As privacy debates rage in Congress, online advertisers are taking increasing steps to ensure that their business methods are as transparent (and blameless) as possible. One such move came today, with the announcement of new standard terms and conditions for the interactive industry from the Internet Advertising Bureau and 4A’s.

The last update to the T&C’s was made in 2002, and the online advertising business has changed a lot since then. The most important change today has to do with the ownership of user data online. For the last eight years, it has been unclear who is responsible for maintaining marketing data online, a vaguery that has caused much grief in the industry.

In 2002, data issues were not as problematic as today, but they were still an issue, to the point where those 2.0 guidelines didn’t make a decision as to whether the publisher, advertiser or media buyer was responsible for managing user data. As a result, online data ownership has been jostled between all three for the last eight years.

The new rules call for publishers, marketers and agencies to post privacy policies on their individual sites. The 3.0 guidelines also now account for tools used in interactive advertising campaigns, including performance-based advertising and user-generated content platforms.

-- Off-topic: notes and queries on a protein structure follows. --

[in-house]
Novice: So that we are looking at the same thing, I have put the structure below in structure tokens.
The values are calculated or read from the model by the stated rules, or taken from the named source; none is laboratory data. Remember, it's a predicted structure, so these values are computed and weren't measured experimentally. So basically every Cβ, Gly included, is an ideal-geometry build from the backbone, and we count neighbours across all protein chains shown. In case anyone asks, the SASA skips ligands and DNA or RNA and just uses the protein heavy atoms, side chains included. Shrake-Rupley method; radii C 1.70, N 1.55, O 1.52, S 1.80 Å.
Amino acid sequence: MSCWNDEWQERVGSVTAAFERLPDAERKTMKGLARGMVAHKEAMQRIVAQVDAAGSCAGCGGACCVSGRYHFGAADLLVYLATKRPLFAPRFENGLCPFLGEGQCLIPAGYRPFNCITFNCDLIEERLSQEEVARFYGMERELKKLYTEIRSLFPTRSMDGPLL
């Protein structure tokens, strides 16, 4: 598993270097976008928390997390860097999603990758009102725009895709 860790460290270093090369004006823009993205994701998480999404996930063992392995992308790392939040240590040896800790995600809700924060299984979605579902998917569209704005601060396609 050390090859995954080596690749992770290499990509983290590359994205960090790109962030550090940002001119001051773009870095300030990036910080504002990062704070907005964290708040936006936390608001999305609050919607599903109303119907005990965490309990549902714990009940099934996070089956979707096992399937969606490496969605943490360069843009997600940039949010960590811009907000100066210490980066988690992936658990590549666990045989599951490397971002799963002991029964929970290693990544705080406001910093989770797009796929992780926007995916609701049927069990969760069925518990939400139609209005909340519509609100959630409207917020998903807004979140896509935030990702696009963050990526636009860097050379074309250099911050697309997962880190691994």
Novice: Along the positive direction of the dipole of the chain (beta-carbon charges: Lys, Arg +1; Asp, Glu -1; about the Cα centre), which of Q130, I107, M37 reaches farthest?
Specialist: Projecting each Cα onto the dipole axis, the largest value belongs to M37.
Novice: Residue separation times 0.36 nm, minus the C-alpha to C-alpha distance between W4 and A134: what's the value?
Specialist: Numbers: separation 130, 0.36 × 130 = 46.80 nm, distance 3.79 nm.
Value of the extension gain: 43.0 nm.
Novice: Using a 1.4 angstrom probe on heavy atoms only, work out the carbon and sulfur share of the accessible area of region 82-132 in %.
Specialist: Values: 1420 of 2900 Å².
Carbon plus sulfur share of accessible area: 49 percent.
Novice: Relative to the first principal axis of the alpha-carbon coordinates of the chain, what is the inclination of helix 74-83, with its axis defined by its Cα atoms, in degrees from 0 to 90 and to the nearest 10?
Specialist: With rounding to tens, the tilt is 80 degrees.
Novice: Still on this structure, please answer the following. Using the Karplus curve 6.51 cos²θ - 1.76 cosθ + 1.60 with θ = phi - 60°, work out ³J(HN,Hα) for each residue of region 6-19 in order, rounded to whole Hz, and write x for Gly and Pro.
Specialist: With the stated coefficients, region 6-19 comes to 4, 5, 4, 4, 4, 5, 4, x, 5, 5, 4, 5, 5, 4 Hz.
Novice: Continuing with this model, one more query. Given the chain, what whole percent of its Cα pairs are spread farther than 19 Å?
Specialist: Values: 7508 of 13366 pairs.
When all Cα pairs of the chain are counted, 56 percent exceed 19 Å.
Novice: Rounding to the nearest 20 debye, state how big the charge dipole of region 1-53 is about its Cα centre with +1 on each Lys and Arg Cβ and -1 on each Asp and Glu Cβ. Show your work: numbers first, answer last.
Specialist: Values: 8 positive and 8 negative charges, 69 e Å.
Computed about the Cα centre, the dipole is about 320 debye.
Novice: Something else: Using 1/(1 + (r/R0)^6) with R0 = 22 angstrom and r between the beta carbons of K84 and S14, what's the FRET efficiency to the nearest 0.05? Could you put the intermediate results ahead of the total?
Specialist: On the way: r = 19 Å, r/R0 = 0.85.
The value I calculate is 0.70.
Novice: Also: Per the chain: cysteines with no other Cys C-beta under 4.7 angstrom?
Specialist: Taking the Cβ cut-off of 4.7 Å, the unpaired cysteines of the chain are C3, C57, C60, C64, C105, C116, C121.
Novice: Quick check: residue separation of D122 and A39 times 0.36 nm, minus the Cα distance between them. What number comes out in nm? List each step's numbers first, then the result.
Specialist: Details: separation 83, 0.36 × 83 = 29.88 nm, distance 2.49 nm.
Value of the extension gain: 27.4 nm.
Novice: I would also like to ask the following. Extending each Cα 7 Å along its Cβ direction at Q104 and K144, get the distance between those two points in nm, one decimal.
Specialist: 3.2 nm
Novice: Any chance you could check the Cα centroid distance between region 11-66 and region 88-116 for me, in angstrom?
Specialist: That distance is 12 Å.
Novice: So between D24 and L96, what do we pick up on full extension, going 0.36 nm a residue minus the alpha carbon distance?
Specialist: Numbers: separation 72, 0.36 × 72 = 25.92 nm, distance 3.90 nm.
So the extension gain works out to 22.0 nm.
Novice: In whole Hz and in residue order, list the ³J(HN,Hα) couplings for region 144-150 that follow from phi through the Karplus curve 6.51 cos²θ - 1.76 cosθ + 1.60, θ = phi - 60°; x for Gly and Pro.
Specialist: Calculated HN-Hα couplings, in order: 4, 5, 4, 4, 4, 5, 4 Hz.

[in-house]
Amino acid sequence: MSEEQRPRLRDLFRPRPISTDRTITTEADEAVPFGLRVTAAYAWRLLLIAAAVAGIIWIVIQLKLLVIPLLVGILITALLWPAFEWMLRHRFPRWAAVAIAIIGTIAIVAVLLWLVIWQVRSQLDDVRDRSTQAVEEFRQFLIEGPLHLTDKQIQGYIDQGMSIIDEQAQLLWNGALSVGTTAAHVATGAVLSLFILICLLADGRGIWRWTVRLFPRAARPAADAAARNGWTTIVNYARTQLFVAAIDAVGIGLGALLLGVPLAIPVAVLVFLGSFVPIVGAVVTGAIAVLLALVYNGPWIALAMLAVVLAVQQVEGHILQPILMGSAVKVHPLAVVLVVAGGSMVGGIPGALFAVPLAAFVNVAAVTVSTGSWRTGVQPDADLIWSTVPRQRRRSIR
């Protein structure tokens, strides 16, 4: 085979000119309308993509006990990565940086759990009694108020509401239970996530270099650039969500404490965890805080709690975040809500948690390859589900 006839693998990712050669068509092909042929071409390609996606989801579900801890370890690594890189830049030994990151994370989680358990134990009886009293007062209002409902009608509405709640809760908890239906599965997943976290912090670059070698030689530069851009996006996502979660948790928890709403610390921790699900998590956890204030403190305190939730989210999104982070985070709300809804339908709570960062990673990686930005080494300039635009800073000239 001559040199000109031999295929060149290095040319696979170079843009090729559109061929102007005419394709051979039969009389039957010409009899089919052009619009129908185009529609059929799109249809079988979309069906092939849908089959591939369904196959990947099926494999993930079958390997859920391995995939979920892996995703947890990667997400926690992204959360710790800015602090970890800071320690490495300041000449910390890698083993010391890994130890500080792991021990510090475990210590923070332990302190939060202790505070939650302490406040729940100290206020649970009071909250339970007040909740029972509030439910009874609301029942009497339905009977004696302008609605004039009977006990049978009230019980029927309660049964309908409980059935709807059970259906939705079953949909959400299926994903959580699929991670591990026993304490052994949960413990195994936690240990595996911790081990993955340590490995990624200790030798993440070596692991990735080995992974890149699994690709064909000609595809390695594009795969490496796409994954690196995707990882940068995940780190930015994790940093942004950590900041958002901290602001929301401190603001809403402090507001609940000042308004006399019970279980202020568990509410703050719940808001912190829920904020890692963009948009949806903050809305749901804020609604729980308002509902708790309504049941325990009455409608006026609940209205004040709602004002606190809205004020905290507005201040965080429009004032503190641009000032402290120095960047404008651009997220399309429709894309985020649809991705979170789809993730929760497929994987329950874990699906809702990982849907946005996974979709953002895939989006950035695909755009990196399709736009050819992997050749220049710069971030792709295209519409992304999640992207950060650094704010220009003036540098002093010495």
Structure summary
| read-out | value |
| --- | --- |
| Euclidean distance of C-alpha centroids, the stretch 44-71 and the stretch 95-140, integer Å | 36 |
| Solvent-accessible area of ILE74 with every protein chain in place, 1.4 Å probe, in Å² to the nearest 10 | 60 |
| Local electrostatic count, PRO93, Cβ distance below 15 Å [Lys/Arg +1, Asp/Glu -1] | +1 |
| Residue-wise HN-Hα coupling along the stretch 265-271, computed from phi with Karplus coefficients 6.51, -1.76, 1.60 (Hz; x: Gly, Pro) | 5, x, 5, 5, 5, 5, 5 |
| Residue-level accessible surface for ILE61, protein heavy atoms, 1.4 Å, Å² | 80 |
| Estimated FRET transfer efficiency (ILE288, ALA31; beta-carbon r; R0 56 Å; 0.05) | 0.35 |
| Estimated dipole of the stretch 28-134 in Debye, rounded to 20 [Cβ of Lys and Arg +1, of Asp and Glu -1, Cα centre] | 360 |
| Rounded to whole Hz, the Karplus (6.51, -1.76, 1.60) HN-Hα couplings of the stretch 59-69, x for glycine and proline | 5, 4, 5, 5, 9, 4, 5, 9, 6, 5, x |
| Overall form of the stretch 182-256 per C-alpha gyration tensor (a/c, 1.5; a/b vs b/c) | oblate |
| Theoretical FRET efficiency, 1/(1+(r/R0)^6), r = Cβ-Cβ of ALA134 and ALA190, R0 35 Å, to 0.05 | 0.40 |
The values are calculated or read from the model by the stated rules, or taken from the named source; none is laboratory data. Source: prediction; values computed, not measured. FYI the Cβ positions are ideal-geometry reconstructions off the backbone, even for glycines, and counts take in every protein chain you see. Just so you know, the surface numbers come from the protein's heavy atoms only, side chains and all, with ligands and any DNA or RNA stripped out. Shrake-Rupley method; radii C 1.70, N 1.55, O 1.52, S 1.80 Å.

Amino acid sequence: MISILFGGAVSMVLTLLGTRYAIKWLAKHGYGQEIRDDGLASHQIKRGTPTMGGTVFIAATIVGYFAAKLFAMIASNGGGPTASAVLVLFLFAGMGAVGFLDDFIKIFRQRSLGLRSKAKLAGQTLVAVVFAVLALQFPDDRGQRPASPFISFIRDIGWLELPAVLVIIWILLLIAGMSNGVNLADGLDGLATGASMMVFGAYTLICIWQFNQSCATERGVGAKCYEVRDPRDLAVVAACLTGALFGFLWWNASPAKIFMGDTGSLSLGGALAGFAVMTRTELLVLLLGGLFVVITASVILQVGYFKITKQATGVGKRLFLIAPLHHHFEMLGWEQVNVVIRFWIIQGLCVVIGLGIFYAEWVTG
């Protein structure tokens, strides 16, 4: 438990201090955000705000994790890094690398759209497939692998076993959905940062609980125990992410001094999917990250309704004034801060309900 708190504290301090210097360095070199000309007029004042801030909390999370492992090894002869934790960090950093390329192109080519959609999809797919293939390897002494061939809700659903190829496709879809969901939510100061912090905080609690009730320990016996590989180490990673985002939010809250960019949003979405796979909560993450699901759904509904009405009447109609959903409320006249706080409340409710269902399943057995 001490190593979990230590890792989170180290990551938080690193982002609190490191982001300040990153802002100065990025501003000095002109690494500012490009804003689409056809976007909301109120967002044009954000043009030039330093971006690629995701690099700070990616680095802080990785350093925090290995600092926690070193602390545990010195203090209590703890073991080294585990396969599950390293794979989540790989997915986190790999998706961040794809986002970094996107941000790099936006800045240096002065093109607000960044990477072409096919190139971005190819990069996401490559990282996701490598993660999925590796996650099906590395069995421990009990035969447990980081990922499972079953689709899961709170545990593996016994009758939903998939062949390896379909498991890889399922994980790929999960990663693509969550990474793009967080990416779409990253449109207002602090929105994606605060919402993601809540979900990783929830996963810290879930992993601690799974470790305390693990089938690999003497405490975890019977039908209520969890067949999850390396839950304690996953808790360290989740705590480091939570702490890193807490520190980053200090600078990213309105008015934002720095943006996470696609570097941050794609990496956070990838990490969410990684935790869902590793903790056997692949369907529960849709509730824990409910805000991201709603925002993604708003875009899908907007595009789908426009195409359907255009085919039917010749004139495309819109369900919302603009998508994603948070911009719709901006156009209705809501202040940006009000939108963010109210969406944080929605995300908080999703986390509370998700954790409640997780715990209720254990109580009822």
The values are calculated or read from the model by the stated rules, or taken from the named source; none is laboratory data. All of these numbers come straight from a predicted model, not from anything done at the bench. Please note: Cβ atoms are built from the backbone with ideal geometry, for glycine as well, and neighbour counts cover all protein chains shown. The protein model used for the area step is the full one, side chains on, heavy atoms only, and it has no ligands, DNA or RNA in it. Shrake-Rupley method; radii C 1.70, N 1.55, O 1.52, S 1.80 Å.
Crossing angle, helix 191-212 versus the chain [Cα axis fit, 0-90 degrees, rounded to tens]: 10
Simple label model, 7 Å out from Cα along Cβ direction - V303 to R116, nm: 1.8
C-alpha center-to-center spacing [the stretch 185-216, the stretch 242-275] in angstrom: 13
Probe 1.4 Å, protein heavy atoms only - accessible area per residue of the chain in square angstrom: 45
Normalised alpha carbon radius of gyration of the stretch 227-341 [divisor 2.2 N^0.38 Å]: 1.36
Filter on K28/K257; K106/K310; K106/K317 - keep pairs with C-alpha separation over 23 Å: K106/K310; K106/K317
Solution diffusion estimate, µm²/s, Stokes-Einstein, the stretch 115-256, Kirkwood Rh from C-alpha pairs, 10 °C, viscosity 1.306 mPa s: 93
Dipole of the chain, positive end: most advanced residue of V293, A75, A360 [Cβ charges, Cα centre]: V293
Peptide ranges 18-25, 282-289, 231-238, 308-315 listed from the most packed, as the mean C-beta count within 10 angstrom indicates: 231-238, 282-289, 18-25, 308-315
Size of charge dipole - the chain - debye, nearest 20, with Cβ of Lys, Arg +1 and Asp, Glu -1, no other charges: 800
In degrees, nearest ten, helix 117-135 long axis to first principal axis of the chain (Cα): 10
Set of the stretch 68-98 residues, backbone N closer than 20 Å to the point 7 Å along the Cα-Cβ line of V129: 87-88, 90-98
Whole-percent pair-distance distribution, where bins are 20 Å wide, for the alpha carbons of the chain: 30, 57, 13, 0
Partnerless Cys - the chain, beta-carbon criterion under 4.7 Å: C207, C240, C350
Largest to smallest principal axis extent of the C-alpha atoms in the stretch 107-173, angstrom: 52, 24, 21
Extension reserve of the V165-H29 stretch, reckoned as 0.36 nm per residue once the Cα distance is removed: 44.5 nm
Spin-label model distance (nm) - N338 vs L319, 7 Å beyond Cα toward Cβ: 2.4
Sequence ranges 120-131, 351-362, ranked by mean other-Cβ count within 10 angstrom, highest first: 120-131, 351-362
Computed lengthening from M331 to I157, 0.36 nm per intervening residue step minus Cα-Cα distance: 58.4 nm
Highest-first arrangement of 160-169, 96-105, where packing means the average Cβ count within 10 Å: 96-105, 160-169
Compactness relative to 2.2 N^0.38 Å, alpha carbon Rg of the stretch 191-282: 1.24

Over 100 finance, legal, sales and buying leaders from different media companies and agencies volunteered to help with the updates. According to Randall Rothenberg, President of the IAB:

“Streamlining business processes in interactive has been one of our main objectives as an organization and with the contributions from both advertising agencies and media companies we believe that we have accomplished this goal.”

Most especially, not having clear cut guidelines means that companies often found themselves in limbo when it came to negotiating terms of their campaign agreements.

As PaidContent points out:

“Earlier this year, WPP Group grew impatient with the slow process of
updating the contract language. So it stepped into the breach and amended
the boilerplate to claim ownership for itself of all data related to
its online ads. At the time, the media buyer felt that it needed to
take matter into its own hands to block rival ad companies from
extracting the data and using it for their own campaigns.”

In addition, as David
Cohen, US director of digital communications
for UM, and chairperson of the 4A’s Digital Marketing Committee, points out:

“Instead of
spending time negotiating the same things over and over again for each
campaign, an industry-accepted Ts&Cs document will allow us to use
our resources where they are needed most—ensuring campaigns maximize
advertisers’ results.”

Establishing standards online is a big component toward encouraging trust in the way data is used online. It’s not clear that such steps will fend off regulation from Congress, but helping to make it easier to do business online can never hurt.